Jute paper from cacao sacks. The flecks are bits of cacao husks added when processing the paper pulp


Pam returning to the studio with a bike load of jute sacks. They are heavier than they look!

Cacao beans are shipped in jute sacks. The sacks are not reusable to the chocolate maker but they can be repurposed into many things including paper. We are fortunate to have a bean-to-bar chocolate maker in our neighborhood and they provide us with a steady supply of sacks.




Left: the first step is to shake out all the cacao beans, remove the paper tags and twine, and cut out the seams. All these items can damage the beater.

Right: next step is to cut the sacks into small squares. Because cacao beans are fermented the sacks have a pungent odor. Alice at Dandelion thinks they smell like vinegar but I think they smell like feet.


The sacks are made of jute fiber and contain a lot of lignins. Lignins are organic compounds found in the cell walls of many plants. They provide strength to the plant but weaken paper and therefore must be removed. 


Lignins dissolve in an alkaline solution and heat speeds up the process. Washing soda, soda ash, or lye are all acceptable choices. The fiber must simmer for 2-4 hours. 



The fiber pot starts out with a Ph of 10-11. As the fiber cooks the alkaline consumes the lignins and by the end of the cycle the Ph is closer to neutral.

The plant beds outside our studio are the perfect place to rinse fiber. The rinse water is not wasted and our plants appreciate the attention.





Left: the cooked fiber is put into a machine called a hollander beater. The beater has a paddle-wheel (called a roll) with a series of thin metal bars. Underneath the roll are more metal bars (called the bed plate). The roll and bed plate work together to beat the fiber into pulp.

Top right: a handful of cacao husks is added to the beater. This will add flecks to the finished paper and give it a more chocolaty look. The husks smell delicious!

Bottom right: the fiber beats down into pulp in about 20-30 minutes. 


The final test is to put a bit of the pulp in a jar and add some water. Shaking the jar and holding it up to the light shows if there are any clumps or long fibers. The flecks you see are the bits of the cacao husk–the rest is the finely beaten jute.


At this point we can add sizing. Since we plan to use this paper for letterpress we are not going to size it. This is one advantage of being a papermaker–we can tailor the paper to specifically meet our needs.




The pulp is poured into a vat and water is added to create a thick slurry. The density of the slurry is what determines the thickness of the sheets. We are aiming for card stock so we’ll want a fairly dense slurry.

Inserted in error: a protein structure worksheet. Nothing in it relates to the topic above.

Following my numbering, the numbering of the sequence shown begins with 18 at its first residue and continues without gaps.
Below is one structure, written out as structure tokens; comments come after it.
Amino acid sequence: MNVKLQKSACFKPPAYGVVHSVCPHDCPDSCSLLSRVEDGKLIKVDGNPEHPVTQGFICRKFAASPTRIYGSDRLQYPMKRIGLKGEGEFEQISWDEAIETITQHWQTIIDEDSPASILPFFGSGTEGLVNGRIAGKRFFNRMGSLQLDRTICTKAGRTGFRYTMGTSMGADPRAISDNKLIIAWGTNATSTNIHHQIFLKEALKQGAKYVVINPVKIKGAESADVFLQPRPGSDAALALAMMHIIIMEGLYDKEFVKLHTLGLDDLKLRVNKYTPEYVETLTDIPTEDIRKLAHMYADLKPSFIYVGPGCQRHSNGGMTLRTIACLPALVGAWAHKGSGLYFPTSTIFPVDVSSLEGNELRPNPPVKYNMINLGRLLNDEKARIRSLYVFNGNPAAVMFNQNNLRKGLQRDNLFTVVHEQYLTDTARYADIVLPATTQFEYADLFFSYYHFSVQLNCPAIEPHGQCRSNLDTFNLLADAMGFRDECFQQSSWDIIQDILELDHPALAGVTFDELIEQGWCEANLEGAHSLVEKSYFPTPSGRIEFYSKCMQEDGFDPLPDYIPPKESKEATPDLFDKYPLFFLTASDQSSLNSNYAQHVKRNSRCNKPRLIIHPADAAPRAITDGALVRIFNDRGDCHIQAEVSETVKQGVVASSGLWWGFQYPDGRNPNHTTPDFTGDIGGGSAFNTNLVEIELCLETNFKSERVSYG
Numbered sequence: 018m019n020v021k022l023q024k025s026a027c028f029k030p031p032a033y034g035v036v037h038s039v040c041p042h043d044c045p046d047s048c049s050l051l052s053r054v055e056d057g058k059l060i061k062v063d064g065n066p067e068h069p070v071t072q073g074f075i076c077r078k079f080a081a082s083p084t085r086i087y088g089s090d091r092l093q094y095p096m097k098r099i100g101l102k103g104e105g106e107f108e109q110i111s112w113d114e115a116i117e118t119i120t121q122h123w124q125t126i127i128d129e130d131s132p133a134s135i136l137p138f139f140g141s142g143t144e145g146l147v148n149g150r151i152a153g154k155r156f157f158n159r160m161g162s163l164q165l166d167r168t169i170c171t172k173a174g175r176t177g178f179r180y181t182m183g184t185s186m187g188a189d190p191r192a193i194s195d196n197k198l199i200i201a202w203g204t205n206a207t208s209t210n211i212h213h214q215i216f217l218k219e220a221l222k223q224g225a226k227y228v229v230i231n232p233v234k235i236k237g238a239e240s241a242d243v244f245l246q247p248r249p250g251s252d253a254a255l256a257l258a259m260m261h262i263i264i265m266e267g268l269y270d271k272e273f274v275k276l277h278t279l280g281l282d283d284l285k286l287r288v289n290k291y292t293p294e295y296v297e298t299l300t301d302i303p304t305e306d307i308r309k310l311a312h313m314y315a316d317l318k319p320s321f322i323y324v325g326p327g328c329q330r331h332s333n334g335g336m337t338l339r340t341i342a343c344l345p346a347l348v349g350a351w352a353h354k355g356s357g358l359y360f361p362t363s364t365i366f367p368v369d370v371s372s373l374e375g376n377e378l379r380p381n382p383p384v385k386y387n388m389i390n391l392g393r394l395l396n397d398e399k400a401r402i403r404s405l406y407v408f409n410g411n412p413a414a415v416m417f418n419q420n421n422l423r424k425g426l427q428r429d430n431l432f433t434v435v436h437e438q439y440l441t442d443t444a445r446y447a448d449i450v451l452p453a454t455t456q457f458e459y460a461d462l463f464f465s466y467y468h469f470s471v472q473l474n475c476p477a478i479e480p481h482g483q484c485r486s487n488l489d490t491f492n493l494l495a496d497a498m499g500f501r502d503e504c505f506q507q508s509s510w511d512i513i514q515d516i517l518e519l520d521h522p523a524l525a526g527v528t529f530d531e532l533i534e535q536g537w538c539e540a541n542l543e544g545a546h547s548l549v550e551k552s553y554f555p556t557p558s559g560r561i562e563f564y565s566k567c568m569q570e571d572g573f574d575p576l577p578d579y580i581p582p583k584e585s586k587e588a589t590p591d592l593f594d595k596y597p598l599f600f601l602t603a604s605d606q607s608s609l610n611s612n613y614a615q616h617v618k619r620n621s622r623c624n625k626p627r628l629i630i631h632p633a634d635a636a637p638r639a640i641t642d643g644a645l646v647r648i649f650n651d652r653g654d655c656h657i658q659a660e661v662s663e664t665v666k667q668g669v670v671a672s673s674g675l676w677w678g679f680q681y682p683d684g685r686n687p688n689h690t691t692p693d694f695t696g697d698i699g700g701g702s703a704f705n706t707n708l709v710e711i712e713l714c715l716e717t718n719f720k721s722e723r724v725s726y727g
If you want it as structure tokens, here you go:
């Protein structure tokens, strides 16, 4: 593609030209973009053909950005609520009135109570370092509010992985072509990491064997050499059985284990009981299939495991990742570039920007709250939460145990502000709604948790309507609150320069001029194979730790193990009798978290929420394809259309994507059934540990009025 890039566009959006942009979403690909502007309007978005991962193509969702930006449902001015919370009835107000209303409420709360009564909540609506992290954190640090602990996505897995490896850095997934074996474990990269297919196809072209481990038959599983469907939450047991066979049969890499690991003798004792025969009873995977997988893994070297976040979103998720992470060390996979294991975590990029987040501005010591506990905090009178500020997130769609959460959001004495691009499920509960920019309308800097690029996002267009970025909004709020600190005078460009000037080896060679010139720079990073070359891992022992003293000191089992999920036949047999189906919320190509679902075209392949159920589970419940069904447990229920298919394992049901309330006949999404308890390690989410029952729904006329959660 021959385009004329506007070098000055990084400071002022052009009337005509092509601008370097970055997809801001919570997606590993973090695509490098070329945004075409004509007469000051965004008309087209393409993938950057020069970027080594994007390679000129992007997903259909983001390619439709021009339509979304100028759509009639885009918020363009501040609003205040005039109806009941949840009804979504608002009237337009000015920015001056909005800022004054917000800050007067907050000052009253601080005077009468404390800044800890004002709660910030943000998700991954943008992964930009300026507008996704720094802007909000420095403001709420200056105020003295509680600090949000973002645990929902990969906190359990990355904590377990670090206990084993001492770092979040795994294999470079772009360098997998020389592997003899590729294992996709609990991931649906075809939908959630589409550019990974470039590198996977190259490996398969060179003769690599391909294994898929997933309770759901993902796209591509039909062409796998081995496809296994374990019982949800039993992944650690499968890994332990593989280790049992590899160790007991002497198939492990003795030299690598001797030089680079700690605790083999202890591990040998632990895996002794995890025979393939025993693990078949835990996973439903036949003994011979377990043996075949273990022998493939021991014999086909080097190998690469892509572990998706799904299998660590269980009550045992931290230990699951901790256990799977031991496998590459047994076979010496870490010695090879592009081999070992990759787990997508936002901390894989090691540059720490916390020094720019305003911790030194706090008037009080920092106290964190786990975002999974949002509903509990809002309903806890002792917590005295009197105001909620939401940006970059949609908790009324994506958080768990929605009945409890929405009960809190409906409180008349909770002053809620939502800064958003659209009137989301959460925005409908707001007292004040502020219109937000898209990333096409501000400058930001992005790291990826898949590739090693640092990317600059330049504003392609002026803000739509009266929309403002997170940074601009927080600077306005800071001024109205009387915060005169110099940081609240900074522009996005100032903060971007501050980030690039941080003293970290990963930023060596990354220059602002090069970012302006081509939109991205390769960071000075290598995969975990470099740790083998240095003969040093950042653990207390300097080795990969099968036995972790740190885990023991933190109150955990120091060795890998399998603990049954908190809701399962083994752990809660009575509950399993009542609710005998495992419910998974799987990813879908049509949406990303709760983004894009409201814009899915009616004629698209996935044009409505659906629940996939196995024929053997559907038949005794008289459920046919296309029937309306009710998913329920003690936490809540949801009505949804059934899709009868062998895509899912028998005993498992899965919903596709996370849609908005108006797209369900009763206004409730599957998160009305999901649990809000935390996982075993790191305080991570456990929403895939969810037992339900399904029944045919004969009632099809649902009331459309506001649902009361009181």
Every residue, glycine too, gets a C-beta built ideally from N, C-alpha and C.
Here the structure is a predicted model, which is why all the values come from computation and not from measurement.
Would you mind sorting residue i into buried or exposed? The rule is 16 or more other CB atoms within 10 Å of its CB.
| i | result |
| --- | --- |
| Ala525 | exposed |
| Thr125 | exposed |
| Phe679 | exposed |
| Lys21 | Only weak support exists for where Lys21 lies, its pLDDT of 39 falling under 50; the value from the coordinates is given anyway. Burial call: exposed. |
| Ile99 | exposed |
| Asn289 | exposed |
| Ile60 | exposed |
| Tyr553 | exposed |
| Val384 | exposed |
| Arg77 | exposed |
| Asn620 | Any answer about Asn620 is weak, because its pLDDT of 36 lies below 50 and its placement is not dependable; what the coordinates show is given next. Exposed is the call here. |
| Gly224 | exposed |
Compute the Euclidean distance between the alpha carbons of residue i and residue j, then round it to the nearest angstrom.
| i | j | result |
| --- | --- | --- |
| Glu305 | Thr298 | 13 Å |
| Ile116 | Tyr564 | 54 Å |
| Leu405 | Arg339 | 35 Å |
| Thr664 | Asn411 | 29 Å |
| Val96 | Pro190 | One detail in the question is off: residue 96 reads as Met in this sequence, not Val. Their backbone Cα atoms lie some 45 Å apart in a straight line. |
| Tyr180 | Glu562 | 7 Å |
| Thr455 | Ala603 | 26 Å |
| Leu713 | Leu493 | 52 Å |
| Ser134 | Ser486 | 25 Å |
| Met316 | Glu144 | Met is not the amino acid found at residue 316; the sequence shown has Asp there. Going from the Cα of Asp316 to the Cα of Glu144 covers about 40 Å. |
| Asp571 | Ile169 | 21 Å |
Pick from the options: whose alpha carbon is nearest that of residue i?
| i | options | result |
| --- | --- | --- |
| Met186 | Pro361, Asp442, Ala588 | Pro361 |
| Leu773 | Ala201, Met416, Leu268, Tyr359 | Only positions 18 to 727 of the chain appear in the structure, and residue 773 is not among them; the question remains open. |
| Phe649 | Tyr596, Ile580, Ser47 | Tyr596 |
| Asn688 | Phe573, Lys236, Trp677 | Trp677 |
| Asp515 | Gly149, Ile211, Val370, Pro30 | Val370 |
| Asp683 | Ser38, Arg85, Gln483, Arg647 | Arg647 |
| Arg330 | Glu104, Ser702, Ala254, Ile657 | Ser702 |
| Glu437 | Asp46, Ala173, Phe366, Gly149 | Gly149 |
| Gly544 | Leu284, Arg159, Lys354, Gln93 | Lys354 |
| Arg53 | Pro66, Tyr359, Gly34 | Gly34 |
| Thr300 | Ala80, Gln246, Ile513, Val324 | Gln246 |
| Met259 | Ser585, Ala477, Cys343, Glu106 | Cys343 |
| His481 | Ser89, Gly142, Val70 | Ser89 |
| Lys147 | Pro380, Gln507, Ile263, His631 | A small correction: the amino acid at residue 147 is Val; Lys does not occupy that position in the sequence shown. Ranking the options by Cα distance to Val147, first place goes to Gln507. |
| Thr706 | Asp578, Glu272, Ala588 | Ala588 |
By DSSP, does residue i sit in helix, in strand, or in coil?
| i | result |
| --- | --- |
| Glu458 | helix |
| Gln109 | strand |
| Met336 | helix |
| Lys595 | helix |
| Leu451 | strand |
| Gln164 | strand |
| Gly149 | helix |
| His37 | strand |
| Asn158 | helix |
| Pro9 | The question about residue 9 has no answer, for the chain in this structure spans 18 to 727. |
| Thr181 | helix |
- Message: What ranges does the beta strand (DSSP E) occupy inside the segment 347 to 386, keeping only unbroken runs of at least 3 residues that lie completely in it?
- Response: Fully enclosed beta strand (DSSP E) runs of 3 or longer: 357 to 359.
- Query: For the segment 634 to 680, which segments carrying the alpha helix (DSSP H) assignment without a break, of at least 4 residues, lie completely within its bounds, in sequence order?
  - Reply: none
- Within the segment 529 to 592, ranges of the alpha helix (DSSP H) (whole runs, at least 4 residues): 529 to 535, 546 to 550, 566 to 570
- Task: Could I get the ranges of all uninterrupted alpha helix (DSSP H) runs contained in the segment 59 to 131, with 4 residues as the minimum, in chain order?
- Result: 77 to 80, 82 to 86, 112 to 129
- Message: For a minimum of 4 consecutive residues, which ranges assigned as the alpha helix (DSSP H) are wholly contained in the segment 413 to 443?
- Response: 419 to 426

A mould and deckle is used to form the sheets. The mould and deckle is dipped into the vat at an angle and pulled straight up. A couple front-back/side-side shakes evenly settles the fibers as the water drains.

The deckle is removed and the mould is lined up so the new sheet will lie directly on top of the one below, separated by a piece of interfacing. Even pressure is put on the mould to get the sheet to release. The mould is peeled back leaving the newly formed sheet behind.

Top: the stack of formed sheets (called a post) is put in a hydraulic press to remove the excess water.

Pressed sheets are carefully placed into a drying box which consists of  layers separated by a channeling system where the air can pass through (bottom right). The blower is set to pull air from the open side.  The top is held down with weights so the paper can dry under pressure, creating perfectly flat sheets.

It takes about 8-10 hours for the paper to completely dry.

The final stage is to put the dried paper in a nipping press to cure.





Posted by: on January 20th, 2013


Cut up uniforms from all branches of the U.S. military, separated by color to maintain the color in the finished paper

Our first book edition is a Paper Doll book in collaboration with women veterans.  The women sent us stories told through a part or parts of their military uniform and these items were printed on paper made from military uniforms.  But first we had to make the paper.


Contributor, Dottie Guy, works on deconstructing an Air Force uniform.

The first step in papermaking is to liberate the fiber. Many of the contributors donated their own uniforms to make the paper for the book.